Local Climate

Sargassum on the beach is a local impact from a global problem.

There are huge challenges in this world. It is easy to get overwhelmed by them. St. Martin is a small place. We can make choices, but we can’t solve the big problems. St. Martin can’t stop the burning of the Amazon rainforest, lower global greenhouse gas emissions or create a vaccine for coronavirus. Some problems, like the great Pacific garbage patch or huge forest fires, are distant. Some are almost invisible, like the mass extinction of plants and animals.

Climate change is both a global problem and a local one on St. Martin. The islands of the Caribbean create less than 1% of greenhouse gas emissions. They can go green and lead by example, but they can’t change the world. St. Martin can’t fix global warming.

At the same time, the St. Martin is more impacted by climate change than most places. These changes are already happening and they are easy to notice. Models predict tropical storms will be more frequent and more severe. They also predict our area will become drier, and we have had unusually dry weather every year since 2014. We think climate change is one of the factors bringing huge amounts of sargassum algae to the Caribbean in the last decade.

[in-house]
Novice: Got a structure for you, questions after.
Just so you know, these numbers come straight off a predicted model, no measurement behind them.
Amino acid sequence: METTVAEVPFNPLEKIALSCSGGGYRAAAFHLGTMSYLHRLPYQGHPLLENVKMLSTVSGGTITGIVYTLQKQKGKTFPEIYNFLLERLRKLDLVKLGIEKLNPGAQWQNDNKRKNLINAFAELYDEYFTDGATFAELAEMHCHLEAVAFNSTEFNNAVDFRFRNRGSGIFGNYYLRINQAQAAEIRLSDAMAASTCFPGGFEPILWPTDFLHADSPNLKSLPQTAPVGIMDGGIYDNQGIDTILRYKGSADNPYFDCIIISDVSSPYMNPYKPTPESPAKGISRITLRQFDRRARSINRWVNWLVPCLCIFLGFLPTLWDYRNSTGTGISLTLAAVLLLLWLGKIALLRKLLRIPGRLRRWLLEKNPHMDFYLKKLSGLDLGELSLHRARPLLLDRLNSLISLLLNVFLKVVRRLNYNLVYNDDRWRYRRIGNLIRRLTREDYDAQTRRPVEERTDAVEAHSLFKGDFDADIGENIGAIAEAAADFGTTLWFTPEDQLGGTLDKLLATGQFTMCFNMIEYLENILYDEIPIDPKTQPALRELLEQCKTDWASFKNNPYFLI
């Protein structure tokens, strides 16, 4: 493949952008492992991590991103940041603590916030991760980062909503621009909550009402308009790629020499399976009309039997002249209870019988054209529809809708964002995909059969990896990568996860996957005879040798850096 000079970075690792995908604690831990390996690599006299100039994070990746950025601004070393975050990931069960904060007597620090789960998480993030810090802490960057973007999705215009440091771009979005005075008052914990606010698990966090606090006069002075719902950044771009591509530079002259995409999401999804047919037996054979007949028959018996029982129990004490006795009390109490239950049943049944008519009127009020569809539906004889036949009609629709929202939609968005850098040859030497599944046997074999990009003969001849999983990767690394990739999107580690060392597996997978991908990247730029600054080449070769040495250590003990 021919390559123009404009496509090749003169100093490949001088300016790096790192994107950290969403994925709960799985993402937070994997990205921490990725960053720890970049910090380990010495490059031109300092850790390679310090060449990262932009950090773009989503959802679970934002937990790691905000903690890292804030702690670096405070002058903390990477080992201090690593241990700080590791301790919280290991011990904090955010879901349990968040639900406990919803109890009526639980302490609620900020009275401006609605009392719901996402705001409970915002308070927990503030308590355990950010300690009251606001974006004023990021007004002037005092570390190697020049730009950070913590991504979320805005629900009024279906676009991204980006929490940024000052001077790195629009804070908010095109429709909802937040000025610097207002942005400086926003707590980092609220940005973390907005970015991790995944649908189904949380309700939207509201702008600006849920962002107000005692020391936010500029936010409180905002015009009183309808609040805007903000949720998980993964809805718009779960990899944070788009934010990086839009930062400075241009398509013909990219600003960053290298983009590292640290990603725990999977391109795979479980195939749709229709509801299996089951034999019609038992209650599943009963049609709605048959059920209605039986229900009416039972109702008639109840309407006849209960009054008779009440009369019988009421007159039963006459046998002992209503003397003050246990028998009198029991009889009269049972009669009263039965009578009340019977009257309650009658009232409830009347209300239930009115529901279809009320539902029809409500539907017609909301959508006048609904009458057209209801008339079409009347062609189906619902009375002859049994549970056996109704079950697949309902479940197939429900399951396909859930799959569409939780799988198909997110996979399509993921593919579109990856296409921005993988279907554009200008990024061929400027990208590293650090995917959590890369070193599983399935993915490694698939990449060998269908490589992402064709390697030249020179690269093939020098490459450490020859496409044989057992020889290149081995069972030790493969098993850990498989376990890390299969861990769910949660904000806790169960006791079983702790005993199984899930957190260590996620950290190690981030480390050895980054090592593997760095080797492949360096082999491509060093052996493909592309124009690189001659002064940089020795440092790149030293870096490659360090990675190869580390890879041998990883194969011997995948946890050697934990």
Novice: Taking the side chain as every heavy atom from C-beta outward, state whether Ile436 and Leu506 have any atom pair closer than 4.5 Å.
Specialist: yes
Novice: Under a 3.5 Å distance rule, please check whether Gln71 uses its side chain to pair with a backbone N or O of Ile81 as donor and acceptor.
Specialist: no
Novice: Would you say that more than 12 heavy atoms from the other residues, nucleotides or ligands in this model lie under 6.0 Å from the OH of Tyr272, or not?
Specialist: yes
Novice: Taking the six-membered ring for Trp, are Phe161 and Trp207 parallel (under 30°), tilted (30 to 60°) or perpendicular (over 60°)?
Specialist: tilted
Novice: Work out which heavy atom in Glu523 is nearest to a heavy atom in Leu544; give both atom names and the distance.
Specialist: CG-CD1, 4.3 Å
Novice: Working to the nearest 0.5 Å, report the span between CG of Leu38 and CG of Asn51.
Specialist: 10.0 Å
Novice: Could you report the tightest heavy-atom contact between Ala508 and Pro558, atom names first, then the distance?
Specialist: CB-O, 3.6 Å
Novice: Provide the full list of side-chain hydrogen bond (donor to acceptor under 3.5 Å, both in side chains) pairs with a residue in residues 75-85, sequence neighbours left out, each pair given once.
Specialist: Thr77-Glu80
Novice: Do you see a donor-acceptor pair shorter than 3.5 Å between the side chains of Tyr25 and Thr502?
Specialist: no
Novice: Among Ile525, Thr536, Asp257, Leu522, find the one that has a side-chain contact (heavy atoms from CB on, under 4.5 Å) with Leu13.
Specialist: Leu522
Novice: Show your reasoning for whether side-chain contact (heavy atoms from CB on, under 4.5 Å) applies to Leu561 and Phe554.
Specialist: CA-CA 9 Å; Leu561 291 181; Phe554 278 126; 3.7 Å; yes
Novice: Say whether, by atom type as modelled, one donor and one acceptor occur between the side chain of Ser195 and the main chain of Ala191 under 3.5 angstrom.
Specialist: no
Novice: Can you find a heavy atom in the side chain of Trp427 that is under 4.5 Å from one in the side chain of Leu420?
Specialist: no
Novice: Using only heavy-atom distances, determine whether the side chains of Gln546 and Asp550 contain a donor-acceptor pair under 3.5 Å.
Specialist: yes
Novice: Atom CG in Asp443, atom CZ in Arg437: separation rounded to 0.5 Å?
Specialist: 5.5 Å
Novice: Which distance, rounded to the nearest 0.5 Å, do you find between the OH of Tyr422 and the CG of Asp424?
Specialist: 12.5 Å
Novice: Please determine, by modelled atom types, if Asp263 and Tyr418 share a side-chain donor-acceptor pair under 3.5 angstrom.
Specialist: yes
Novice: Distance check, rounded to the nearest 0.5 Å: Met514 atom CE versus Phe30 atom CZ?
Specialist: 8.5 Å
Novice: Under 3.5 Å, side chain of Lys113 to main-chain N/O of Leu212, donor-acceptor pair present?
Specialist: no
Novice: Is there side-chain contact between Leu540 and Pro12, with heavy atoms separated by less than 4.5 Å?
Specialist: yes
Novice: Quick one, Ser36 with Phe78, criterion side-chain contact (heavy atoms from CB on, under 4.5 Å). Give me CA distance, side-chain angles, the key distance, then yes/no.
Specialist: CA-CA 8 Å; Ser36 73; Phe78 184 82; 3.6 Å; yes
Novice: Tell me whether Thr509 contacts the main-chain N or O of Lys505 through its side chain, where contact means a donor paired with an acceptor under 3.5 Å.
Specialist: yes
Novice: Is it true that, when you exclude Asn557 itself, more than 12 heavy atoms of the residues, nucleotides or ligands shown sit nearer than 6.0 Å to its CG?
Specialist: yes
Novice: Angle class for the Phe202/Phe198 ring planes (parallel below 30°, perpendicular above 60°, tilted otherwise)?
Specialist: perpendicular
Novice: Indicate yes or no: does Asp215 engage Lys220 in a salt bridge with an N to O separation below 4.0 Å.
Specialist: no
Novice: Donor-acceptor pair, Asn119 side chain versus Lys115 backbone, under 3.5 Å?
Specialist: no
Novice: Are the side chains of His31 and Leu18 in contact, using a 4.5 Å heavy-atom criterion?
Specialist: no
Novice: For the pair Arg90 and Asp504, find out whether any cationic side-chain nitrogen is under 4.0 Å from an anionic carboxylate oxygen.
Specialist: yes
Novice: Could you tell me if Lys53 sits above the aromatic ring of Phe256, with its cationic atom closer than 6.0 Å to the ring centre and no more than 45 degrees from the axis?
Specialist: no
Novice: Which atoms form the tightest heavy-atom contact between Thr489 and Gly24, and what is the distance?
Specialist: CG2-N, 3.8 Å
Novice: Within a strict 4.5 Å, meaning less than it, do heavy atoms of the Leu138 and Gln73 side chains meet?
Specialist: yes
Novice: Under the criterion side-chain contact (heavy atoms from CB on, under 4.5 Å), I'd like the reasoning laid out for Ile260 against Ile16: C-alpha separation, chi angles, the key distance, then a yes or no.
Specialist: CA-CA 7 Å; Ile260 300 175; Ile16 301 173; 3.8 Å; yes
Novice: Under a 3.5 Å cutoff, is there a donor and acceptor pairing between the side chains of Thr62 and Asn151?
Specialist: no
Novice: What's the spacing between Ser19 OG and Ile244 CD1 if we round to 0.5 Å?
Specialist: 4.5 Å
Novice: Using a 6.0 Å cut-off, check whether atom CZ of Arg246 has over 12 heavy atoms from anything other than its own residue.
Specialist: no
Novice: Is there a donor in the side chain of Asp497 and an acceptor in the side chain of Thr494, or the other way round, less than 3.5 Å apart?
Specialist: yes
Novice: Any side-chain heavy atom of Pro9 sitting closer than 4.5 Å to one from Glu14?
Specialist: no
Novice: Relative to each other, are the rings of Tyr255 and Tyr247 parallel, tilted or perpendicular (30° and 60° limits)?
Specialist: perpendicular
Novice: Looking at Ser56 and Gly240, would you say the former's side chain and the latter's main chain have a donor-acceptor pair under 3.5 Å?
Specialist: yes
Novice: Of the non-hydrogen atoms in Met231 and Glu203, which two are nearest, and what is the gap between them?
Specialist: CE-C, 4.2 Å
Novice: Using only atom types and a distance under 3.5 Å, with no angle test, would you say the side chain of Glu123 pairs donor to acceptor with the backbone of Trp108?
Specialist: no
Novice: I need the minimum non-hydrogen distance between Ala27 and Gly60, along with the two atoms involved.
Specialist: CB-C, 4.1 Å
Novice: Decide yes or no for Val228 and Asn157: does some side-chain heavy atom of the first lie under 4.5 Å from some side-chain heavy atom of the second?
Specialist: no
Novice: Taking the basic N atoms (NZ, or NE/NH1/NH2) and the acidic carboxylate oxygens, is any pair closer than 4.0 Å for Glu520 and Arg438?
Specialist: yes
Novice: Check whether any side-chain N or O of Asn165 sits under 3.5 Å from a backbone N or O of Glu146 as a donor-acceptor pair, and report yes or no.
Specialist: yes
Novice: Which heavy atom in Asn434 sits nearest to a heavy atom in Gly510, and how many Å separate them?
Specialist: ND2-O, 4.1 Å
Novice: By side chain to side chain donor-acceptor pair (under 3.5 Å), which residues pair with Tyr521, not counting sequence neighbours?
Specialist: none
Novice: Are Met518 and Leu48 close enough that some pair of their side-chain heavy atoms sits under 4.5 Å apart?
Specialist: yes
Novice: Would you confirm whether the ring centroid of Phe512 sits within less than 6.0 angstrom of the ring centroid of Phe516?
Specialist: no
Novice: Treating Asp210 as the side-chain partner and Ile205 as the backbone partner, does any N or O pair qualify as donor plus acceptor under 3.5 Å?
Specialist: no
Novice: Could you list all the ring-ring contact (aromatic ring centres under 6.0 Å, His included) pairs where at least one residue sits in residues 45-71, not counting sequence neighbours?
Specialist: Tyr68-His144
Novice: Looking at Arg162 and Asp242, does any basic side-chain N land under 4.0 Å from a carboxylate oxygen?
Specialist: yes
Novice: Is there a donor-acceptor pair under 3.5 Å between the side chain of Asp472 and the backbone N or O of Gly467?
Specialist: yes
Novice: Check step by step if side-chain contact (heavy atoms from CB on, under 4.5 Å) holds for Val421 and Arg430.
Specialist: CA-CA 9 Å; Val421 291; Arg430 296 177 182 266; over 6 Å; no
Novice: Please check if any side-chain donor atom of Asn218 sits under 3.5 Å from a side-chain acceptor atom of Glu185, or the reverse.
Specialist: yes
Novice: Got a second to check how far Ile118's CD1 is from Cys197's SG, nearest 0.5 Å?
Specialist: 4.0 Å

Knowing how to farm well on St. Martin was important in the past. (Photo: Nationaal Archief)

Many things cascade from these big changes. Hurricanes threaten human life, tourism and nature. Droughts hurt farmers, livestock and wildlife. Sargassum is a nightmare for beach tourism. It can also hurt marine life and fishing.

St. Martin can’t stop climate change. But local action can change the future on the island. Building for stronger hurricanes can make people safer. Mangroves and coral reefs also protect people from storm surge. Diverse native forests can help wildlife survive droughts. These actions all benefit people, nature and the economy over the long term.

Learning from the past is a key part of local action. People on St. Martin learned how to build homes that could survive storms. Farmers timed their crops with the wet and dry seasons. People fished the ponds when the seas were too rough.

Local building wisdom is a survival skill.

In the past, people spend more time outside. They interacted with nature. They depended on their knowledge of the island. A hundred years ago, no one would have been surprised by rain in November or dry hills in April.

St. Martin can’t change the atmosphere, but it can change its own destiny. Learning from elders is a first step. They can help us see what has already changed. We can save their hard-earned wisdom before it disappears. They survived many similar challenges. What they learned can help us improve the future.

Do you have some wisdom to share? Write in to The Daily Herald or [email protected] and share it with us.

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